I’m pretty sure they’re still in the drawer, nine time zones away. Still in one of my old socks, very old, a little boy’s sock from 1952 or so. Lots of them are typical Fifties cat’s-eyes, but lots of them are the older milky white with colored swirls variety. Some are beautiful. I remember playing marbles with them, a circle drawn in the dirt, real Little Rascals stuff. I miss them.
I have a box of old coins too. As a boy, I got a box of Indian-head pennies that had belonged to my pre-deceased maternal grandfather. They came in a very old woman’s nylon stocking box, which fell apart from boyish rough handling; now they’re in a Flagg Brother’s sock box, with lots of additions. Some interesting examples that I got from my paternal grandfather, a giant penny from 1849, it’s almost as big as a manhole cover, a worn out silver half-dime from about the same time, some others. Some silver dollars that I picked up along the line; some silver coins from my own era that I added myself. I miss them.
I’ve always been quite the little hoarder, a vest-pocket Collier brother, I tend to keep the things that are mine if at all possible. Old cameras and cell phones, my own useful items at one time. Poor toilet training, no doubt. I added lots of junk store treasures along the way. Of magazines there are a great number, and comics, all now in sleeves and archive boxes, a great number, a great lot of books. I miss them.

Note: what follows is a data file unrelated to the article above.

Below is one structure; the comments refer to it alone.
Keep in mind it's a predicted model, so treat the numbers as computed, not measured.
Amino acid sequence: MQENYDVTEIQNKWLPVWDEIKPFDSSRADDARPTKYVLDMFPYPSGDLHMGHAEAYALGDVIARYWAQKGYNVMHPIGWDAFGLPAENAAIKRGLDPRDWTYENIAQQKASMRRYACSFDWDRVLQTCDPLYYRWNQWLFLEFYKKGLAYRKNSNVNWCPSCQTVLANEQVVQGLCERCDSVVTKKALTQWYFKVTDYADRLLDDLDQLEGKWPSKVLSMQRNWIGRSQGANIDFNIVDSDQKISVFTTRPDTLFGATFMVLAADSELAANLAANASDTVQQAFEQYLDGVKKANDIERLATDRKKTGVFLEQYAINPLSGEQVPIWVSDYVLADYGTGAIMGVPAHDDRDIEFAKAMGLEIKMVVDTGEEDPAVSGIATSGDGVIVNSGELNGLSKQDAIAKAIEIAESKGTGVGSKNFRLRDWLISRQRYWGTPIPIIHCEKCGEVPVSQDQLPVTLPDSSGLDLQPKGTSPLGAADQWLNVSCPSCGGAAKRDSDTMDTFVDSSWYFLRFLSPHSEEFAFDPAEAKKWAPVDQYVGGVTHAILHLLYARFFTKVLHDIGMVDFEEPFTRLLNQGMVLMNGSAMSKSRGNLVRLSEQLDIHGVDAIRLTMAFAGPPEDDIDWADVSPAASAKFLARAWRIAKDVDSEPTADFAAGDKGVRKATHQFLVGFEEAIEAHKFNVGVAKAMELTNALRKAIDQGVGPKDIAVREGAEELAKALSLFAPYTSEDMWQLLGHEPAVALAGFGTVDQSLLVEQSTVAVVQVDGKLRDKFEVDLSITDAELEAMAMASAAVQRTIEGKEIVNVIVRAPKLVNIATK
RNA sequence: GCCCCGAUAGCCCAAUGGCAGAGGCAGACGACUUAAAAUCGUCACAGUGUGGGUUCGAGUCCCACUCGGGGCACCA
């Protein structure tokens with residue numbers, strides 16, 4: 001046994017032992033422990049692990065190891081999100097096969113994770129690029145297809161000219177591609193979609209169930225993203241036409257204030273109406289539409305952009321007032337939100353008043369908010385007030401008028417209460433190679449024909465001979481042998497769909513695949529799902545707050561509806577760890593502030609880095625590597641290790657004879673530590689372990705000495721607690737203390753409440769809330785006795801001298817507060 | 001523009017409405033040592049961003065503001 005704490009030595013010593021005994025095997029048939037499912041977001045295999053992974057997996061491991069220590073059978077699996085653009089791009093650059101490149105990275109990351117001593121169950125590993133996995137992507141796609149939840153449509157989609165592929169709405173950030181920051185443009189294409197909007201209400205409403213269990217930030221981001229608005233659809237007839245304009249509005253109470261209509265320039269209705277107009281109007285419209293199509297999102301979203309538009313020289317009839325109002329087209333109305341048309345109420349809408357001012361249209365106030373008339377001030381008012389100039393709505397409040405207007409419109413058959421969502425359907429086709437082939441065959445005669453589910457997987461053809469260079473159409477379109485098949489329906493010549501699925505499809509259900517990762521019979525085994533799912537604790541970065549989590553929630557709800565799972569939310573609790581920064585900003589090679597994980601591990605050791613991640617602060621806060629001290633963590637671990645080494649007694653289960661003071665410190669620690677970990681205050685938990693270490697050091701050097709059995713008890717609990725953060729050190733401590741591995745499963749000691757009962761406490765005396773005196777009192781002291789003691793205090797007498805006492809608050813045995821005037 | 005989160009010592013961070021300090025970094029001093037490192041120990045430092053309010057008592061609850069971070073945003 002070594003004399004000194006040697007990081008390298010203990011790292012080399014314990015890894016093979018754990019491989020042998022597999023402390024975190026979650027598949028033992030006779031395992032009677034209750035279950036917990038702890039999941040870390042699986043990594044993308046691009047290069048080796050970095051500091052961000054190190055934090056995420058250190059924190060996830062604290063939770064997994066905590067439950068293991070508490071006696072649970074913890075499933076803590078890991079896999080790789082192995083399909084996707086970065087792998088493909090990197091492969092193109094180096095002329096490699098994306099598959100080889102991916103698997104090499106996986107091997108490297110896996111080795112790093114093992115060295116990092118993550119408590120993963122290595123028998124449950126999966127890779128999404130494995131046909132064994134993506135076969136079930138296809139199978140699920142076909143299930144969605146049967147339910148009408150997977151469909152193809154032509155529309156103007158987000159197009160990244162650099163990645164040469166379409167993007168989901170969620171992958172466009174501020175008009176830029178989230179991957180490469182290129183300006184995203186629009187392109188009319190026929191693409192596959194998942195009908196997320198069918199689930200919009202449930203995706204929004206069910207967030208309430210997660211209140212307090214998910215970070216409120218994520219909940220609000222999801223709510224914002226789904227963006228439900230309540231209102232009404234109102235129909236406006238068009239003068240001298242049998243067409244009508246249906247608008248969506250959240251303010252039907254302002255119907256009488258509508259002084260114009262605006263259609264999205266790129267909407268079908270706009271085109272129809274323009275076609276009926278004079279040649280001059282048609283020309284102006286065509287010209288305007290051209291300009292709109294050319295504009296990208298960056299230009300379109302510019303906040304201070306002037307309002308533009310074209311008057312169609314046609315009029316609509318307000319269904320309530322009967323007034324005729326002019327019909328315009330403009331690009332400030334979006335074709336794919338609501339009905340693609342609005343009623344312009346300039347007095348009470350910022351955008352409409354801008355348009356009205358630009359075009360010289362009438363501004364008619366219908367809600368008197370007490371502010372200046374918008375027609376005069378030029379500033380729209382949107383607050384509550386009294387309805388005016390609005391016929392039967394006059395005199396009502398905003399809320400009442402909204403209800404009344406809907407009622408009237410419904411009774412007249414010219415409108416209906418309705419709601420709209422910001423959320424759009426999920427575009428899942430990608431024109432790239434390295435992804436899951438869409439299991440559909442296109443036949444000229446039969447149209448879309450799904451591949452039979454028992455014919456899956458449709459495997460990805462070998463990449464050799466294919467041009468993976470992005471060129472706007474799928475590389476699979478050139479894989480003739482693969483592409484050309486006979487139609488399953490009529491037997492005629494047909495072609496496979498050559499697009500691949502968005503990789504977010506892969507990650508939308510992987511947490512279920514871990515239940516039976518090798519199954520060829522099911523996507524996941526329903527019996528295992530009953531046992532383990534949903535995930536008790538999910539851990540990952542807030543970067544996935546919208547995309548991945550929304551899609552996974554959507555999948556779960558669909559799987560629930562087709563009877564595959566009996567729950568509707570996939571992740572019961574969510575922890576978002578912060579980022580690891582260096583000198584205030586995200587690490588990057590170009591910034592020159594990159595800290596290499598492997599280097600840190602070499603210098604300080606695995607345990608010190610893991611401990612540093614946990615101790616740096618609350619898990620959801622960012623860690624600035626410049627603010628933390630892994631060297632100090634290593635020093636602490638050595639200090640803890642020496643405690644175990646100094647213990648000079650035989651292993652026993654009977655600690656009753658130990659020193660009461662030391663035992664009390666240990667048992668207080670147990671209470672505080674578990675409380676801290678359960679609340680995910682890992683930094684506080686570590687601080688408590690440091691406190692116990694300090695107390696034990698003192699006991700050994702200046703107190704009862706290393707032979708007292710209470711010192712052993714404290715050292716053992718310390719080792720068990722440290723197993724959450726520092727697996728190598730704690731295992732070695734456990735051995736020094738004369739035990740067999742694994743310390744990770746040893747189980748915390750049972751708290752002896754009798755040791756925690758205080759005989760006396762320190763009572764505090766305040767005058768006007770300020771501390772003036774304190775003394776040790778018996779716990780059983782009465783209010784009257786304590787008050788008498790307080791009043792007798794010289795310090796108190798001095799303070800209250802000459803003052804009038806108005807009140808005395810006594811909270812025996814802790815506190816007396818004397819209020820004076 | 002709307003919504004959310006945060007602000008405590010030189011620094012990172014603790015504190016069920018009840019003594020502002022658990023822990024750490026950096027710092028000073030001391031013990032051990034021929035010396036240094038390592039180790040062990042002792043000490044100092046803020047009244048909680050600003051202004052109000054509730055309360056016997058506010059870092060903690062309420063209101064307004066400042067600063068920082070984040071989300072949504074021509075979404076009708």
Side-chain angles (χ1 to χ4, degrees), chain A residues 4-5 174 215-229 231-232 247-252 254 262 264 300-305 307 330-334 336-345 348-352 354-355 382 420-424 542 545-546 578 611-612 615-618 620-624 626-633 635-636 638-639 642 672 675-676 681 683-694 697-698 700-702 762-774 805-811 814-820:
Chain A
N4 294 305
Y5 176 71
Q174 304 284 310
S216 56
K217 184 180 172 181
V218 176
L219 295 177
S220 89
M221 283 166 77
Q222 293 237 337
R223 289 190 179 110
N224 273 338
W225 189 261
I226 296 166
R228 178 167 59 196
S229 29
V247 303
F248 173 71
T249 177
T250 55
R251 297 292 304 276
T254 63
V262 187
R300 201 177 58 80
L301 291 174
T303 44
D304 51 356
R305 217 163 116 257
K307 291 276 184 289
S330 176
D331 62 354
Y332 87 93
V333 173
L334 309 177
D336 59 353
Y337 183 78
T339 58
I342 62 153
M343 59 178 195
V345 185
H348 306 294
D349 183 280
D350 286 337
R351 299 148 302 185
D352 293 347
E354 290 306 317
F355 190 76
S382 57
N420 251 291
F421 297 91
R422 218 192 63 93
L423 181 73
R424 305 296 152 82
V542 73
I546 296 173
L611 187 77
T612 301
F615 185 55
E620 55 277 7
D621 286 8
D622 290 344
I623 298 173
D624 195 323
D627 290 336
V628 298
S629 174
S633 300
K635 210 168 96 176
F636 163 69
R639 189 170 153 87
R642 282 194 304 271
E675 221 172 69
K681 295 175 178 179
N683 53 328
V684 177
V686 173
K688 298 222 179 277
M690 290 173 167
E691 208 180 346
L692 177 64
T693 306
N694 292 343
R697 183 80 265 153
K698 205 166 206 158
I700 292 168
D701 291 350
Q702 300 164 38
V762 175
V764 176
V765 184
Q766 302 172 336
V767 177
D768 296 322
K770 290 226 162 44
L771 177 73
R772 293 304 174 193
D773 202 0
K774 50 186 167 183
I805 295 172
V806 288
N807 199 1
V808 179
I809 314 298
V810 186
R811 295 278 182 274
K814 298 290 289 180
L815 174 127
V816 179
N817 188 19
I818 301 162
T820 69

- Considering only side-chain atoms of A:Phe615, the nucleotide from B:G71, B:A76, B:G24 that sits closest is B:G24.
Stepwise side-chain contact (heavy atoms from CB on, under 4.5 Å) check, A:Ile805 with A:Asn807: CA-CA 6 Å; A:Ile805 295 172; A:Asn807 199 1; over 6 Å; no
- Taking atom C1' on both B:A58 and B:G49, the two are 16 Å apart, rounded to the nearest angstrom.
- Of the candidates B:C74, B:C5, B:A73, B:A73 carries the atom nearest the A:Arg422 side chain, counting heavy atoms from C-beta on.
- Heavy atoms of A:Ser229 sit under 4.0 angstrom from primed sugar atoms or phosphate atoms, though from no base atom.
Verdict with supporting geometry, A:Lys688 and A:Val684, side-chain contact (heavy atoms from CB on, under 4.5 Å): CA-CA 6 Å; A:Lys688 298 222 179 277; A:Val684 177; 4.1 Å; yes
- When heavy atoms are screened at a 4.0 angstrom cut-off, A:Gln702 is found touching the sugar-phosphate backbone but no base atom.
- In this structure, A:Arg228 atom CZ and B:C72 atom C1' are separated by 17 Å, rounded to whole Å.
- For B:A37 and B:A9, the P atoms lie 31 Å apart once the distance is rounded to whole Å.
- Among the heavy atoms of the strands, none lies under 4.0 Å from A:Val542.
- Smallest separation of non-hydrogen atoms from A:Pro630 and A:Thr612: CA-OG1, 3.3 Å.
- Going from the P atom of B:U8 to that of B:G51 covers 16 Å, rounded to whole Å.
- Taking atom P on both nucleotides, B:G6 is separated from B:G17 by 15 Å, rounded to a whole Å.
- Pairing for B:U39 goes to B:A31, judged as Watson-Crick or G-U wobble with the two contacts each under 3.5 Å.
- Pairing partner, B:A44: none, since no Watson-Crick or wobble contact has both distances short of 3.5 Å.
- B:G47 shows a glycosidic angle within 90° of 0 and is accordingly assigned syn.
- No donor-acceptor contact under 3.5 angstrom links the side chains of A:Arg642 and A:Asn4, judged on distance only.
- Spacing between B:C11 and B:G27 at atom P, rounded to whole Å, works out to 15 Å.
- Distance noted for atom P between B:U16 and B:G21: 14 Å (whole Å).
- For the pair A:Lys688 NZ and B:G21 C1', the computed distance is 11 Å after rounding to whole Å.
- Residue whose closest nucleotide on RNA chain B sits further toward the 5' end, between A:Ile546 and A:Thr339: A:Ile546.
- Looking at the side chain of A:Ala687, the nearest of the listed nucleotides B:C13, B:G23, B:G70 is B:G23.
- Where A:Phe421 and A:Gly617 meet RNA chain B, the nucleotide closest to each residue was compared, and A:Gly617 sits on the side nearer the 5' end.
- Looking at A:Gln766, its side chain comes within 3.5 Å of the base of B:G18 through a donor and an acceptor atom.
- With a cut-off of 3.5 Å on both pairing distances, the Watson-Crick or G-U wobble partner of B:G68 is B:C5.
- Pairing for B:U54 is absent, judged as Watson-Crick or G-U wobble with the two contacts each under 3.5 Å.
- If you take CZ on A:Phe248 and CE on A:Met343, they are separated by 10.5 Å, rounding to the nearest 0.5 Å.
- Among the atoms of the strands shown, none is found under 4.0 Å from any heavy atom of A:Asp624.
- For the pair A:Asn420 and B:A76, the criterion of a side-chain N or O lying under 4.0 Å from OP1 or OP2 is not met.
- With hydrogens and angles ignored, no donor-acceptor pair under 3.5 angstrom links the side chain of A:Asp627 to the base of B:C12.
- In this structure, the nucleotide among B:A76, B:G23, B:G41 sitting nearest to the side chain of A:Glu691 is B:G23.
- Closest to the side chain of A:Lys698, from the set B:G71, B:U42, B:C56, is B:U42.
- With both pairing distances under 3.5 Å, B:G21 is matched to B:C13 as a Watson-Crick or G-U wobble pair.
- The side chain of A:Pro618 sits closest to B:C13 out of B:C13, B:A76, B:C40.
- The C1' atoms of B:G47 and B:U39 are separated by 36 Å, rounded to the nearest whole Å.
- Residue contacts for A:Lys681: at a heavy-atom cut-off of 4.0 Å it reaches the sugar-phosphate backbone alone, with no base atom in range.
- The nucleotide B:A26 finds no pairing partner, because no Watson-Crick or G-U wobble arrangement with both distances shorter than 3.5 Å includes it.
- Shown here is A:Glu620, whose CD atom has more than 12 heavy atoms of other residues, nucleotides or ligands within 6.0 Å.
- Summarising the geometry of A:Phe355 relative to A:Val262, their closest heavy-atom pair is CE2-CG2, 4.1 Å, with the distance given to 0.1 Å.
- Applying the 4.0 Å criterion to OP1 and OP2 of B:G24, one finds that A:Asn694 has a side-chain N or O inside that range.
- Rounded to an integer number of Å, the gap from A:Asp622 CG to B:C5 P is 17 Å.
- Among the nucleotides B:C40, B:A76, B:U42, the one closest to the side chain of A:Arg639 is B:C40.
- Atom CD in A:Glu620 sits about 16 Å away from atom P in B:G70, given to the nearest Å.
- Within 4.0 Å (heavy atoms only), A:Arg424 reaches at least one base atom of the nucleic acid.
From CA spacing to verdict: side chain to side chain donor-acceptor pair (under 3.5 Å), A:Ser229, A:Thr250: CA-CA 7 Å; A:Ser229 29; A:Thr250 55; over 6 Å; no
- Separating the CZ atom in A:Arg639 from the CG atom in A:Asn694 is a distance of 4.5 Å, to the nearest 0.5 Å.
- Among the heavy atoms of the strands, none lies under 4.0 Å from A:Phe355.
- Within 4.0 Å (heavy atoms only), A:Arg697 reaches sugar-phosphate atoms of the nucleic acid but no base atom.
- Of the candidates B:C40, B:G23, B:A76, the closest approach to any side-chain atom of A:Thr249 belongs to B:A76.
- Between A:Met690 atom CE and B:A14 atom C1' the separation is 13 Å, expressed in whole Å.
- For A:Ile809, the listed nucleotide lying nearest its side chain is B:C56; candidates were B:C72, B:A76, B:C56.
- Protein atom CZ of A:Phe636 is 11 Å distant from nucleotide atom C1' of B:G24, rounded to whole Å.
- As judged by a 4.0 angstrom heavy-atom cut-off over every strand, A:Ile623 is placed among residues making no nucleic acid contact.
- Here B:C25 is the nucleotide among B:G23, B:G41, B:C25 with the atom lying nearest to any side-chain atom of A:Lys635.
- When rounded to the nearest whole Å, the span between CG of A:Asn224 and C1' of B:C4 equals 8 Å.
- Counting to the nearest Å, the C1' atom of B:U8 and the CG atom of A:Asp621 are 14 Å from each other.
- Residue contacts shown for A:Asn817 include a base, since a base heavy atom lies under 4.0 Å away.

I miss my records. Oh, sure, I have lots of CD’s, but they’re with me in spirit on my computer as I write. (Oh shit, now the record companies will come after me for using my own CD’s illegally.) I miss the records though, the real mechanical contrivances made from vinyl, almost four thousand all together. Original Elvis 45’s, Eddie Cochran’s “Sitting in the Balcony,” lots of old singles, up through LP’s from all eras. I should have a radio show, or, more like, I should have the energy to have a radio show and then do something else with it. Either way, I miss the records.
I was missing my guitars before this current, enforced absence. An unfortunate household accident while cleaning a dangerous ice-chest had previously eliminated one of my more important fretting fingertips. I’ll get back to it someday, I’m no Django Reinhardt, but I’ll figure it out somehow. They’re a beautiful bunch of guitars, though. I miss them.
I have some nice chatchkas there too, far away. A Sigmund and the Sea Monsters lunch box for instance, an Army Barbie and Ken set in the original “Desert Storm” package. Great stuff. I miss my car, and my house, and my now grown up but still very sweet children. I miss my life.
A life lesson, I suppose, life is loss. It’s all still there, I checked in March of this year. My family is still surrounded by me, my stuff. They seem to tolerate it very well, it’s a good sized house. Better than they tolerate me, in person. The stuff hardly annoys them at all.
I have to admit, it hasn’t been all bad, this separation. I was beginning to feel like the archivist of my own life, an unpaid museum administrator. I went through the usual stages of loss, like someone had died, or a marriage had ended. Blah, blah, rage, blah, acceptance, blah, I’d have to look it up to get the whole list. I’ve compensated, and I really don’t miss the stuff so much anymore. It’s freeing in lots of ways.
Anyway, you can’t take it with you.